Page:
• Where's the Tech? We use a lot of technology in my classroom, but slow and steady wins the race on this one.  I don't introduce iPads or laptops during the first week for a few reasons.  To begin, it never fails:  The first time using iPads or laptops always results in a little bit of anxiety for some kids (okay, and teachers) because it's just never a seamless process. Second, I want us working face to face and building relationships without the distraction of technology.
  • On Differentiation: This is the one week of the year that I don't do a ton of differentiation.  I want this week to be accessible and exciting for all of my students, so I choose activities that most students can participate in and feel successful.  That being said, with some adaptations, these plans would work best for grades 3-6.
  • What You Need:  I have done my best to make a list of exactly what you need to have prepped for each day.  Some of the resources include products in my store or others' stores, or may include an Amazon Affiliate link to books or supplies.  Most links are clickable to make it easy for you to find what you need!
  • Still not enough? If you find that you still need to supplement some more ideas, check out this huge post about First Week of School Activities for Big Kids!
  • What's next?  After the first week is over, we really dive into our normal routines and academics.  This is when I begin my formal math and literacy mini-lessons, start our typical workshop/center routines, and get my curriculum rolling.
  • EXPECTATIONS!  Really, though.  The number one thing you should be focusing on during this week (aside from building stellar foundational relationships with your kids) is expectations.  My favorite saying is the 3As. Again and again and again until we get it right.

The plans are FREE, plus you also receive a free Minute to Win It game, and TWO free sets of task cards that are for purchase in my store.  Sign up to receive all of this goodness HEREPlease share all of your wonderful activities on Instagram or Facebook and be sure to tag me so that I can join in on the fun!  While I do include a blank planning template in the file, if you'd like an editable one to use digitally, you may download that HERE.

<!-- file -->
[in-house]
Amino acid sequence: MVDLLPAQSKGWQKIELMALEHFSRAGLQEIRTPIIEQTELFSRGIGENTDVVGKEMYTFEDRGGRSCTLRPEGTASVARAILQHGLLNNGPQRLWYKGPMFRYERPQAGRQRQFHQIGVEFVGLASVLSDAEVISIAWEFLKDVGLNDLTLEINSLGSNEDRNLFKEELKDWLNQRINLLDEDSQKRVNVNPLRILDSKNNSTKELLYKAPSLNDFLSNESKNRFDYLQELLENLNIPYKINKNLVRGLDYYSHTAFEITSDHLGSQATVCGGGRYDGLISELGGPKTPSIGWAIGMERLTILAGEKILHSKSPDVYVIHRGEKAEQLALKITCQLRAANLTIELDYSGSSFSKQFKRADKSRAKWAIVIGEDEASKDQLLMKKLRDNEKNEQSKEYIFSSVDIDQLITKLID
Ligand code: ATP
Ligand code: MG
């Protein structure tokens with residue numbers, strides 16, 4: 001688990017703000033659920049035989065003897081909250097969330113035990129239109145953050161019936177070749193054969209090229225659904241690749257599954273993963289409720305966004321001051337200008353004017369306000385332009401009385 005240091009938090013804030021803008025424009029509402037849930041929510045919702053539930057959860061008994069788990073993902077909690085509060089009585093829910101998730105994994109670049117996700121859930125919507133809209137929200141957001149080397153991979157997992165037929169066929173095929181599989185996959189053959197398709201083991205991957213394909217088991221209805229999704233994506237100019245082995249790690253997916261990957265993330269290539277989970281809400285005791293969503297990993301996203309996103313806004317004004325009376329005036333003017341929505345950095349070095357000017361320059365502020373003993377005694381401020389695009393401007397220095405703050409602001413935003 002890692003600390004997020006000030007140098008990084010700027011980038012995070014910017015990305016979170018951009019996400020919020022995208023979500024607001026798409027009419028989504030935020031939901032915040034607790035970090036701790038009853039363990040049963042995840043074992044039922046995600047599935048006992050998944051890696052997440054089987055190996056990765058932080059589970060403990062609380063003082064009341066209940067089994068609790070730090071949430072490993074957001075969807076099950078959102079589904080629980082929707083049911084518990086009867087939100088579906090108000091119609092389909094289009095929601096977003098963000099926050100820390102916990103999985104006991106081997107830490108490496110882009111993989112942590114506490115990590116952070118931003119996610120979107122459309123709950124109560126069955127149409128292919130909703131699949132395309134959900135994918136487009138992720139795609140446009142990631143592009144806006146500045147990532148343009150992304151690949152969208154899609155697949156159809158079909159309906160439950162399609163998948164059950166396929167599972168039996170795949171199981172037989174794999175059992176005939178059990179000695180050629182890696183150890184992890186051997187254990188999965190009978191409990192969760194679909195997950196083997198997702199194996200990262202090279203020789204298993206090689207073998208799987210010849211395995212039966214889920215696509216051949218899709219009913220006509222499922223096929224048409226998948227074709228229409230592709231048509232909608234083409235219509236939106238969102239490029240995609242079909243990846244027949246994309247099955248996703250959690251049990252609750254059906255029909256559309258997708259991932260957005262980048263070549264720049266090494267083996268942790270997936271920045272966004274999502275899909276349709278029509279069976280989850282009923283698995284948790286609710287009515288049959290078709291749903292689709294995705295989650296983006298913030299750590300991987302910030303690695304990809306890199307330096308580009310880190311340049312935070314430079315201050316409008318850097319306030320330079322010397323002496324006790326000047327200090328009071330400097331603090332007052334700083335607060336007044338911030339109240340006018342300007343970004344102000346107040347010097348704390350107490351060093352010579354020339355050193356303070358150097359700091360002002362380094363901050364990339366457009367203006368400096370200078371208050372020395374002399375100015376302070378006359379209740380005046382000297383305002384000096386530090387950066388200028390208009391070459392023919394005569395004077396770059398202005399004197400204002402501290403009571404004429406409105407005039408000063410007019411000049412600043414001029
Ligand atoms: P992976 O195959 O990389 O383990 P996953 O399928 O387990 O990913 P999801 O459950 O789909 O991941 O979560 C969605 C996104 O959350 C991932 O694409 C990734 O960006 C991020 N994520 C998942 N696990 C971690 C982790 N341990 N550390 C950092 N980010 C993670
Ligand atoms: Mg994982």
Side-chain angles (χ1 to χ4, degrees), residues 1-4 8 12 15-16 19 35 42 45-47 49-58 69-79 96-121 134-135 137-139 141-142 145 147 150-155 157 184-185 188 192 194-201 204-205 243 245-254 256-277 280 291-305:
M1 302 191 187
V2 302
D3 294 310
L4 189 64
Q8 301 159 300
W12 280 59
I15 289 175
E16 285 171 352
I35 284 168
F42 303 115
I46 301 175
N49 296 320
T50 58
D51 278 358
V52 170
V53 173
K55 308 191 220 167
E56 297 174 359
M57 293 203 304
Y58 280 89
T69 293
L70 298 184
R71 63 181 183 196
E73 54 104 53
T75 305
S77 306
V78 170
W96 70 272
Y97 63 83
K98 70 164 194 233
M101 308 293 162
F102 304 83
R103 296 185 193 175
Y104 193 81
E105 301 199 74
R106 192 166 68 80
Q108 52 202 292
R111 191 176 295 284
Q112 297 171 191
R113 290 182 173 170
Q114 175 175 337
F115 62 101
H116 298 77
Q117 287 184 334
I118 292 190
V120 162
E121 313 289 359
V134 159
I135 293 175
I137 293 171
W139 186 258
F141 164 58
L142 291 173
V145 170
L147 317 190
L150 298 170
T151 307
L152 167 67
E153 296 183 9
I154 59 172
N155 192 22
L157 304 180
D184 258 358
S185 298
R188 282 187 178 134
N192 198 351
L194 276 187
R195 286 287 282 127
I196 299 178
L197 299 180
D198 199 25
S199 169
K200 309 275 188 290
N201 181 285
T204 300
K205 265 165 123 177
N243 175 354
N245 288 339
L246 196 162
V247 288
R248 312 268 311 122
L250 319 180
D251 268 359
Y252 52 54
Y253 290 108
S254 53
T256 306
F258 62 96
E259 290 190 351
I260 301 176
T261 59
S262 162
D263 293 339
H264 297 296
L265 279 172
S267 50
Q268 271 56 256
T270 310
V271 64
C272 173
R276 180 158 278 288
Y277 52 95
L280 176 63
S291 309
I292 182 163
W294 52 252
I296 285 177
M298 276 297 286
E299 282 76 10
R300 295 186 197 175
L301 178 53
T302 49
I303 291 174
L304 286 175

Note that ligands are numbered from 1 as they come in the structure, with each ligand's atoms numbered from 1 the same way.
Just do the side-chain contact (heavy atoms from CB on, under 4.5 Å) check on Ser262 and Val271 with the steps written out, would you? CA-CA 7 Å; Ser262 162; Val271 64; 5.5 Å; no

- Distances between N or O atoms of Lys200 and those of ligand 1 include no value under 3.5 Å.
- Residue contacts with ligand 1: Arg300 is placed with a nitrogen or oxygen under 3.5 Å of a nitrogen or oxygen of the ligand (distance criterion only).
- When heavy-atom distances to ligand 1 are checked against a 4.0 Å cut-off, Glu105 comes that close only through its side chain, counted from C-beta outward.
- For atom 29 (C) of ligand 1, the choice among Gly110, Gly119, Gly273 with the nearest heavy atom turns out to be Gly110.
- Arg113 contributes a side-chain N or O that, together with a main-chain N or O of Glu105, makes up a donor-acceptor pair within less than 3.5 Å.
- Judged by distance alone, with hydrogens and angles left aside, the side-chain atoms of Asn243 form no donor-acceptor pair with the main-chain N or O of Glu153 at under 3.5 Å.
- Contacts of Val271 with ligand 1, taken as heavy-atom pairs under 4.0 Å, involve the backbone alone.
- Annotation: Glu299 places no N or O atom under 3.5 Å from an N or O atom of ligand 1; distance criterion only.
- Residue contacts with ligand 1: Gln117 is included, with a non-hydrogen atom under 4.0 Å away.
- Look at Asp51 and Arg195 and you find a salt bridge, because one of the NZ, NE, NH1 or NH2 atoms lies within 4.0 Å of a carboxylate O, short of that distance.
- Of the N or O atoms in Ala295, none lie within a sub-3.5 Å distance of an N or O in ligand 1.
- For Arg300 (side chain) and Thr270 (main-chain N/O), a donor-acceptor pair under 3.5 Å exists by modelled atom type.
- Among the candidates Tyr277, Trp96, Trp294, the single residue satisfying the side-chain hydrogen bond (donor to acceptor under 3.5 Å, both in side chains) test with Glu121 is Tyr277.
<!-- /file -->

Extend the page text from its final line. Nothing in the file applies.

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    Tuesday, July 16, 2019

    Supporting Student Learning at Home

    At the beginning, middle, and end of every single school year, I always have parents ask me for tips about how they can support their child's learning at home.  Sometimes they are looking for worksheets or workbook recommendations, but oftentimes, they are much more interested in how learning can be integrated into their daily lives.  Learning opportunities are literally EVERYWHERE, but sometimes it takes a minute to stop and realize just how many ways we can enrich students' lives academically, even outside the classroom.

    With that in mind, I've compiled a simple list of ways that parents can support their children at home.  Keep these in your figurative back pocket during discussions with parents.
    • Read aloud, read aloud, read aloud.  As children grow older, many parents stop reading to their kids and listening to their kids read.  If I had one tip for parents, it would be to read with their child every single night.  They constantly need to hear examples of fluent reading just like they need to practice their own fluency. If they are younger, I always recommend You Read to Me, I'll Read to You books.  Otherwise, any book will do.  If parents really want to work on comprehension skills with their students, I'll send them home with these free question stems as they really promote discussion (Bonus: I use these in my class ALL year).
    • Mental Math Car Ride Game Show.  Okay, that sounds more fancy than it is.  I always encourage parents to find numbers on the road and make a math game out of it.  Speed limit is 65? What's 6+5, 6-5, and 6 x 5?  Did you just pass mile marker 165?  What's 16-5?  What's 1+6+5?
    • Step competitions! Everyone in my family has a pedometer of some sort, and at the end of every day, we have a step competition.  This silly evening routine singlehandedly taught my children how to read large numbers.  We practice rounding up and rounding down, we compare numbers (I lose every single day), and you can even throw in more advanced math, like figuring out how many total steps the family took or the difference between the number of steps for certain family members.  It's such fun, and pedometers are fairly inexpensive these days!
    • Story Time. Every night, my dear husband tells my girls a story that he makes up.  I'm not nearly that creative after a long day, so when he's out of town, my girls and I tell stories together.  I start a little bit of the story, one of the kids continues it, and we "pass it around" until we have a complete, but sometimes pretty silly, story.
    • Show me the Money. I remind parents that there are so many opportunities to teach not only financial literacy but basic math skills.  You can round numbers to the nearest dollar, determine exactly how many more cents until you reach the next whole dollar, check if the cashier gave you the correct amount of money, etc. 
    • Time challenge.  Not only do I encourage parents to discuss real-world elapsed time problems with their children, I emphasize how important it is for them to hear other time vocabulary such as "half past" "quarter to" etc.  Instead of telling them it's 9:15 when they ask, I tell parents to say, "It's a quarter past the hour that comes after 8." I mean, that one is pretty complicated, but you get the gist! :)